Ex­hibit de­picts se­cret mis­sion to find Ti­tanic

USA TODAY Weekend Extra - - FRONT PAGE - Mary Bow­er­man

The Ti­tanic might have rested undis­cov­ered on the ocean floor for much longer if a top-se­cret Cold War Navy mis­sion hadn’t taken place.

The once-clas­si­fied story be­hind the dis­cov­ery is part of Na­tional Geo­graphic’s new ex­hi­bi­tion “Ti­tanic: The Un­told story.” The ex­hibit, which opened Wed­nes­day in Wash­ing­ton, D.C., and runs through Jan. 6, de­tails oceanog­ra­pher Robert Bal­lard’s dis­cov­ery and show­cases items re­cov­ered from sur­vivors and lifeboats.

In 1985, the Navy com­mis­sioned Bal­lard to use sub­mersible tech­nol­ogy to ex­plore the wreck­age of two nu­clear sub­marines — the USS Thresher and the USS Scor­pion — that sank in the north At­lantic dur­ing the Cold War. The U.S. govern­ment wanted to know about the subs’ en­vi­ron­men­tal im­pact and whether foul play was in­volved, he said.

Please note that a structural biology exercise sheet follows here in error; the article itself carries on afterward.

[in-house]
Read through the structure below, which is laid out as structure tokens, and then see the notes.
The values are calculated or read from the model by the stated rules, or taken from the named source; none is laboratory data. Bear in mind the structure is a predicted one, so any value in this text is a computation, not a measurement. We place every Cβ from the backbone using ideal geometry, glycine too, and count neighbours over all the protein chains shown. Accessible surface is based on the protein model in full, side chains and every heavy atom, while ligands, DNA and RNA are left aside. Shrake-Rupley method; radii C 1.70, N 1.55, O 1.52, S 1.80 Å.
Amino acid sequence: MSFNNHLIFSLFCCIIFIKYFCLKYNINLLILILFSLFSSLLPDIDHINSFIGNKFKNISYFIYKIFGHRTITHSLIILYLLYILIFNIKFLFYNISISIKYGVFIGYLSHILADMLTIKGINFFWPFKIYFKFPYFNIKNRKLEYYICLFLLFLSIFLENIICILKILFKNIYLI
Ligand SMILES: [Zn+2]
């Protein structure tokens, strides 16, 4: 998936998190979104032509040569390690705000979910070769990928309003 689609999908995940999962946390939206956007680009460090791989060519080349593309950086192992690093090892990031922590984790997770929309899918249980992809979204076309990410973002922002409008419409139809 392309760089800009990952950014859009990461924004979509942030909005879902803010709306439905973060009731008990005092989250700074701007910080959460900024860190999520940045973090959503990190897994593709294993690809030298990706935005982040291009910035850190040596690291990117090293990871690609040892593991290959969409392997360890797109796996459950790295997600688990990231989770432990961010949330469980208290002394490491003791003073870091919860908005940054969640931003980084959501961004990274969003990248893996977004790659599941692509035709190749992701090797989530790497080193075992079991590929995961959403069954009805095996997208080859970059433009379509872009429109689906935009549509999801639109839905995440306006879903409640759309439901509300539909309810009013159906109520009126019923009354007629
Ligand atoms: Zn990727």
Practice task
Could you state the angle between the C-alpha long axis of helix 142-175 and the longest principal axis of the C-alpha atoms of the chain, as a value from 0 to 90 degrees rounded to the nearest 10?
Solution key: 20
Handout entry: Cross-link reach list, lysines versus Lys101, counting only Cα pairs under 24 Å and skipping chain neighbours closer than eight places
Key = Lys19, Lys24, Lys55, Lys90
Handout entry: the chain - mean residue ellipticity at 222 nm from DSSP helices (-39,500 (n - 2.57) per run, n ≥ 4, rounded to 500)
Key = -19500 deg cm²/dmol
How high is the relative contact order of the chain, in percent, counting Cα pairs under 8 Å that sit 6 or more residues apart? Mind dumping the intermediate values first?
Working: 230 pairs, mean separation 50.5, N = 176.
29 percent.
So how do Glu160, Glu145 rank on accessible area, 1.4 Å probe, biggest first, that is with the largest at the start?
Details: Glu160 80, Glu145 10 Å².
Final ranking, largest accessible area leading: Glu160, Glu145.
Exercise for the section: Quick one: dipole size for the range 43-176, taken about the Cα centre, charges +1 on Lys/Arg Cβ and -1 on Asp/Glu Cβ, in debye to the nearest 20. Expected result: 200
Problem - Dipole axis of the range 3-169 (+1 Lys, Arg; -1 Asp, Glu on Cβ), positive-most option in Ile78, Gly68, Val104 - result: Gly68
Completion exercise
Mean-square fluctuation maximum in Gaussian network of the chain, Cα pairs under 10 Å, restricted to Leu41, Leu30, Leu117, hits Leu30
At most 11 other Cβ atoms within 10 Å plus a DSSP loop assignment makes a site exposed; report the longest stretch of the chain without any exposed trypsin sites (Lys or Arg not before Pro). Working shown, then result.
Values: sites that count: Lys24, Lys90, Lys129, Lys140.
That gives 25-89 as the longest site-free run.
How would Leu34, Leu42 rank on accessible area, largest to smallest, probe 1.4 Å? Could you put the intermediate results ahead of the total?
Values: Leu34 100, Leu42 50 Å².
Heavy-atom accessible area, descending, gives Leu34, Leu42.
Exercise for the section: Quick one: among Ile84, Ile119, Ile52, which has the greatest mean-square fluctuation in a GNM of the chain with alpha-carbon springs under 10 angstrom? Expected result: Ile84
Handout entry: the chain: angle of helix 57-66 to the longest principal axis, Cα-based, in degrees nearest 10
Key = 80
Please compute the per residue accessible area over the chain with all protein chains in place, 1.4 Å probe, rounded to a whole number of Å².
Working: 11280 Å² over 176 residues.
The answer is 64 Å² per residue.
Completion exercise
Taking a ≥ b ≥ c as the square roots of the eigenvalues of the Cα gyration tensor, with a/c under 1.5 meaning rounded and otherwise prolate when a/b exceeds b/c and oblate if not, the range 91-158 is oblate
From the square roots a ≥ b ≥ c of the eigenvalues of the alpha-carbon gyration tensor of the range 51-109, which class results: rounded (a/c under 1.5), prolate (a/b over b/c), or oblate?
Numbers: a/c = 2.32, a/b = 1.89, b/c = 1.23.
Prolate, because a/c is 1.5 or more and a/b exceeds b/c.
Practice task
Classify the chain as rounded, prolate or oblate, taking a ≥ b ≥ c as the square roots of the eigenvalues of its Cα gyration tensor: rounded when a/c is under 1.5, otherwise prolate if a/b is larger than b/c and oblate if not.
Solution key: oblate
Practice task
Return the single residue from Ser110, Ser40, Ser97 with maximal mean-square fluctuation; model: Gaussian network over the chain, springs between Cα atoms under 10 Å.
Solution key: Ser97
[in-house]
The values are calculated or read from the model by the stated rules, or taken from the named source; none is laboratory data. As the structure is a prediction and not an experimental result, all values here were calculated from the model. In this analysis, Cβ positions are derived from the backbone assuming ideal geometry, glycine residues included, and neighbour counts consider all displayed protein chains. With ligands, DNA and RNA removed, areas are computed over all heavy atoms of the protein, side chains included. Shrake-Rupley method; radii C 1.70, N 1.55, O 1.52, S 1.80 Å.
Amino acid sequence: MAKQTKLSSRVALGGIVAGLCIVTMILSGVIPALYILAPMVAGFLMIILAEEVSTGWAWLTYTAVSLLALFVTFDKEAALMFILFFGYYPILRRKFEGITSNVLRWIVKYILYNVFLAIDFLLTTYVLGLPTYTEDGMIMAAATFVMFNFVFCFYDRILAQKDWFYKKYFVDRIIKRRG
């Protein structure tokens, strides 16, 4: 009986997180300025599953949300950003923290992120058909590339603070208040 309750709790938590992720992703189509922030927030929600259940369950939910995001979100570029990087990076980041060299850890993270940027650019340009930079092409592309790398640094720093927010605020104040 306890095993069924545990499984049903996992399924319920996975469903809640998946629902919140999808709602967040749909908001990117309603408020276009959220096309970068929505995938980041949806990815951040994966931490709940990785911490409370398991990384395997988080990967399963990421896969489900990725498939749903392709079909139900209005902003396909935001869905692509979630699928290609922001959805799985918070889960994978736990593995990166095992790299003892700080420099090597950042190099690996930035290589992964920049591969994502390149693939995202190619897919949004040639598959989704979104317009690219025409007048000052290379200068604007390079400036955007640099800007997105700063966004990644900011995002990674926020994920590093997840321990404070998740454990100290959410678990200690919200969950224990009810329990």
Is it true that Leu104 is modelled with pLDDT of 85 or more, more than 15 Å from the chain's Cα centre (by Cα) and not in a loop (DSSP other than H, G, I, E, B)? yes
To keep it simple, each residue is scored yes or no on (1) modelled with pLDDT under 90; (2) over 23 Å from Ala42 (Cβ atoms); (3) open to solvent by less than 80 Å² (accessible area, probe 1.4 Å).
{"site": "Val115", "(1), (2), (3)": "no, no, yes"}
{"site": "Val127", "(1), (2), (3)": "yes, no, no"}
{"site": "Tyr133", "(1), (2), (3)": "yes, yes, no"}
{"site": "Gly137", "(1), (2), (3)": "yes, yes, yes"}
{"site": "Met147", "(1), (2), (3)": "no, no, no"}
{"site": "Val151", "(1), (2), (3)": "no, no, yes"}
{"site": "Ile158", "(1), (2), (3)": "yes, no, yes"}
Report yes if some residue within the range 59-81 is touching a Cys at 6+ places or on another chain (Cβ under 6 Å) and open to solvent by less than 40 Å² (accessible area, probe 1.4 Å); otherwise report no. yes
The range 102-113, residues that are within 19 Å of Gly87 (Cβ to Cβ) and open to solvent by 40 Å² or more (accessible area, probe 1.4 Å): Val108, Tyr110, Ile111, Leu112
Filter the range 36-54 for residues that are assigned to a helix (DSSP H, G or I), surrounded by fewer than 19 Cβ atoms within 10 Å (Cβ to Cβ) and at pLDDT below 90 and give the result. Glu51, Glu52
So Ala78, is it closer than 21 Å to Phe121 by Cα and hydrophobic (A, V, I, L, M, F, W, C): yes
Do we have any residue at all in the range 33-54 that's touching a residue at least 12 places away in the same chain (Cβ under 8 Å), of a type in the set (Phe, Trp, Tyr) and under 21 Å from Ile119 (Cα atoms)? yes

Bal­lard got per­mis­sion from Ron­ald Thun­man, who was deputy chief of naval op­er­a­tions for sub­ma­rine war­fare, to look for the Ti­tanic when he was done. He had 12 days to do it.

Bal­lard cal­cu­lated its de­bris field, which he likened to fol­low­ing a deer’s foot­prints. And at 2 a.m. on Sept. 1, 1985, Bal­lard and sev­eral crew mem­bers saw the images of the Ti­tanic’s boiler.

“We were at the very spot Ti­tanic sank. We were there.”


This photo of the Ti­tanic’s bow rail­ing is part of the ex­hi­bi­tion in Wash­ing­ton.

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